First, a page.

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Idaho drag performer awarded $1.1 million in defamation case against far-right blogger

A woman posted a doctored video that she claimed showed the performer exposed himself to a crowd during a Pride event in 2022.
Drag Queen Defamation Case
Posted at 7:53 AM, May 28, 2024

A jury has awarded more than $1.1 million to an Idaho drag performer who accused a far-right blogger of defaming him when she falsely claimed that he exposed himself to a crowd, including children, during a Pride event in June 2022.

The Kootenai County District Court jury unanimously found Friday that Summer Bushnell defamed Post Falls resident Eric Posey when she posted a doctored video of his performance with a blurred spot that she claimed covered his “fully exposed genitals,” the Coeur D'Alene Press reported.

In reality, the unedited video showed no indecent exposure, and prosecutors declined to file charges.

“The judicial system did what needed to be done,” Posey said after the verdict.

Jurors awarded Posey $926,000 in compensatory damages for defamation. Because Posey proved that Bushnell knew her allegations were false when she made them or that she made the accusations with reckless disregard for the truth, the jury awarded $250,000 in additional punitive damages.

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Posey, who uses the stage name Mona Liza Million, performed three times at the Pride in the Park celebration wearing a long-sleeve leotard, black shorts and tights, with a shiny metallic boa around his waist. He did not remove clothing.

The Pride event made national news at the time — not because of Posey’s performances, but because 31 members of a white supremacist group called Patriot Front were arrested nearby and charged with conspiracy to riot.

Bushnell posted a video that day of herself discussing the mass arrest as well as footage from Posey’s performance.

“Why did no one arrest the man in a dress who flashed his genitalia to minors and people in the crowd?” she said. “No one said anything about it, and there’s video. I’m going to put up a blurred video to prove it.”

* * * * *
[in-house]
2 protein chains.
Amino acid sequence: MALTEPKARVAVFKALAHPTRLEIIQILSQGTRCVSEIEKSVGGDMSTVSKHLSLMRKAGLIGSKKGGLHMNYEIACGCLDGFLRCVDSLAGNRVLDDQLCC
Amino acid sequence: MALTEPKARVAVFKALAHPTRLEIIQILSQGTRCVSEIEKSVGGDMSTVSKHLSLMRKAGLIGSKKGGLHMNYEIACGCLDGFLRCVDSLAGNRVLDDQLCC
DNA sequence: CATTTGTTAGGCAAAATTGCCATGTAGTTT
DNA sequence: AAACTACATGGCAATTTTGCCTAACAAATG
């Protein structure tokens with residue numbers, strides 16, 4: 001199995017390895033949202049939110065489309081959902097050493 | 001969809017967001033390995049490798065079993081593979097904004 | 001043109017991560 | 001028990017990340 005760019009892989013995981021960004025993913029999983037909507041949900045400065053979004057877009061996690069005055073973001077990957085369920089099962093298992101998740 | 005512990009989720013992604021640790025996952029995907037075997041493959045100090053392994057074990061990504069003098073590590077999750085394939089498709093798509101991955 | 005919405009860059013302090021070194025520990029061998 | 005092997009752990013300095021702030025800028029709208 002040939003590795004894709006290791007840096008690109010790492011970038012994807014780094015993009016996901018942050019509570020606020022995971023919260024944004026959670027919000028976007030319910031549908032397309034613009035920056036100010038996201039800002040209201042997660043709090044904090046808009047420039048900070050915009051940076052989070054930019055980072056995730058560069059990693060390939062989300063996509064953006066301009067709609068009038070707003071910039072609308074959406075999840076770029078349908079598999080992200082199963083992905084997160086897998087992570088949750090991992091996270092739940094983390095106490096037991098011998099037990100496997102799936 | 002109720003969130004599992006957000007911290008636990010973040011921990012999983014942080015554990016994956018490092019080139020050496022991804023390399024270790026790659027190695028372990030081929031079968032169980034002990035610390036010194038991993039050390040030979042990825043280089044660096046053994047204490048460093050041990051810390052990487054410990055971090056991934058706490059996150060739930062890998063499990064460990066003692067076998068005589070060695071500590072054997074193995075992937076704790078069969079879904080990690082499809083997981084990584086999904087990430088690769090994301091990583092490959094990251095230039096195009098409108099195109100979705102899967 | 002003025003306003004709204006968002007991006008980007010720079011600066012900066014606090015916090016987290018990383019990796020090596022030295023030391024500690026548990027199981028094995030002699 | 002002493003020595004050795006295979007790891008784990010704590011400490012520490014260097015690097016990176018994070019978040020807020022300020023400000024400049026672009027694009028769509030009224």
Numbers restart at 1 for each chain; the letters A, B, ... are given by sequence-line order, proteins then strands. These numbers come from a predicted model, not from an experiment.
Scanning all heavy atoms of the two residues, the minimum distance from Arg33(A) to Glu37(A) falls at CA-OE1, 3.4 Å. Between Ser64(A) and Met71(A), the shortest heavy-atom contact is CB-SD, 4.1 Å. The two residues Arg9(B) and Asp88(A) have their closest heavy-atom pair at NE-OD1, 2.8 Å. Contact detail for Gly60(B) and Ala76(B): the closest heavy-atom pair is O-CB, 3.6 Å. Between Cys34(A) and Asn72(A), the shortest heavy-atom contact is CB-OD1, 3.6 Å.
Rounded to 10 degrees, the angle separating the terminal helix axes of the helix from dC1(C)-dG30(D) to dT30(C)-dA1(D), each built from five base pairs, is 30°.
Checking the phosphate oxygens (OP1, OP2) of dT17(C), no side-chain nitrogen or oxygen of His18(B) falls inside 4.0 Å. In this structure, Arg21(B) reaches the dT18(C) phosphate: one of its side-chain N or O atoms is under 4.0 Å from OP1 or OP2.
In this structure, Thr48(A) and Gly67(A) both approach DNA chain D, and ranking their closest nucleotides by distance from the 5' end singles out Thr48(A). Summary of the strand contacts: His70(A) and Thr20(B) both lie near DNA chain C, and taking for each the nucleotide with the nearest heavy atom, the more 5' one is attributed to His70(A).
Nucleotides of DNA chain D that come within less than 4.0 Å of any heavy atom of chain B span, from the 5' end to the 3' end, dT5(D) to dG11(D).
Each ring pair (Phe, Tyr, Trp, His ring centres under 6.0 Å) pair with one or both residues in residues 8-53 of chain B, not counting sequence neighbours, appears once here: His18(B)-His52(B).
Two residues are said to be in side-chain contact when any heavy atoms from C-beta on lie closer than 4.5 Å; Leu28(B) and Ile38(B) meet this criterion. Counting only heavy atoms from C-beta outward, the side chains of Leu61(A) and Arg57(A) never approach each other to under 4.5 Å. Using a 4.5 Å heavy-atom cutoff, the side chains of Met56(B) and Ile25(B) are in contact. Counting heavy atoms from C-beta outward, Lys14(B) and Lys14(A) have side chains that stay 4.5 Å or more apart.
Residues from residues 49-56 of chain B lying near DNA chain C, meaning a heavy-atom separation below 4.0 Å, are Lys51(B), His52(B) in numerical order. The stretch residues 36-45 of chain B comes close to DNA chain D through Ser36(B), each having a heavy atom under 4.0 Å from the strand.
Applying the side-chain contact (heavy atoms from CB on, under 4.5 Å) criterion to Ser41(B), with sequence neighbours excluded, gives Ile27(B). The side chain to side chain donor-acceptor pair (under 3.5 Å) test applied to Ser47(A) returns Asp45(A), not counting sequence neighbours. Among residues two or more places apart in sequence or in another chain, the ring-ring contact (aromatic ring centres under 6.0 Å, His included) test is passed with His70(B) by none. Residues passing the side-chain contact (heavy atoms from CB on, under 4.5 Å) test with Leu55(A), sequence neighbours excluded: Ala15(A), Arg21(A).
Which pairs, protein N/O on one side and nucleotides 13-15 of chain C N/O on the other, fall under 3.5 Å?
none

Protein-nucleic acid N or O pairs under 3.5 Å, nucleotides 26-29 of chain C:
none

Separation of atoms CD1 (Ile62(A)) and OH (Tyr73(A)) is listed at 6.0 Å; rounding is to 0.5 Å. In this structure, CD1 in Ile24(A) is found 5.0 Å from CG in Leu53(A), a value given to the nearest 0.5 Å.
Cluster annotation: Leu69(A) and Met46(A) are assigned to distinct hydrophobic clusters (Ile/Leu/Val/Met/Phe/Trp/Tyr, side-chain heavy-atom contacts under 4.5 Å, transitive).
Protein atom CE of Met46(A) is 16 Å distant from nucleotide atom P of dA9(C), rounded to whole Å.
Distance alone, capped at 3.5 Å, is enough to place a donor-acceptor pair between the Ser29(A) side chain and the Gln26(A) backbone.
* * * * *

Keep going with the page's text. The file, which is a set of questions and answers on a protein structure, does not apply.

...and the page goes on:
The next day Bushnell published the edited version of the video, which she obtained from a local videographer. It garnered many thousands of views, sparking national news coverage and a police investigation. She suggested he had committed a felony and urged people to call police and have him arrested.

Bushnell was expressionless as she hurried out of the courtroom Friday.

Her attorney, Colton Boyles, told jurors that his client’s allegations were “close to the line” but not defamatory. He maintained that Bushnell’s “honest belief” was that Posey exposed himself, though she admitted on the witness stand that she never saw the “fully exposed genitals” she described to others.

After hearing the verdict, Posey burst into tears and embraced his lawyers and friends.

“The jury’s verdict demonstrates a clear message to this community that you have to be truthful,” said Wendy J. Olson, one of his attorneys.

Posey said he has faced death threats and harassment, and the edited images became the symbol of a national movement against drag. Experts have warned that false rhetoric against drag queens and LGBTQ+ people may inflame extremists.

Posey said he has been helped by support from his friends.

“Imagine being in a dark hole where you have nobody and you felt the whole world turn their back on you,” he said in court Thursday. “But somehow, you were surrounded by warriors, true people of Idaho — not transplants, true people of this soil. I am fortunate to say I have people like that around me, people that lifted me up.”

The jury deliberated for about three and a half hours Friday after a five-day trial. Before returning the verdict, jurors asked the court if they could direct Bushnell to take down her posts about Posey and publicly apologize to him. First District Judge Ross Pittman, who presided over the trial, indicated they could not do so.

As of Friday evening, the videos remained on Bushnell’s website and Facebook page, the Coeur D'Alene Press reported.

Following the verdict, jurors approached Posey outside the courthouse to shake his hand or hug him.

“I’m so sorry you went through this,” one told him.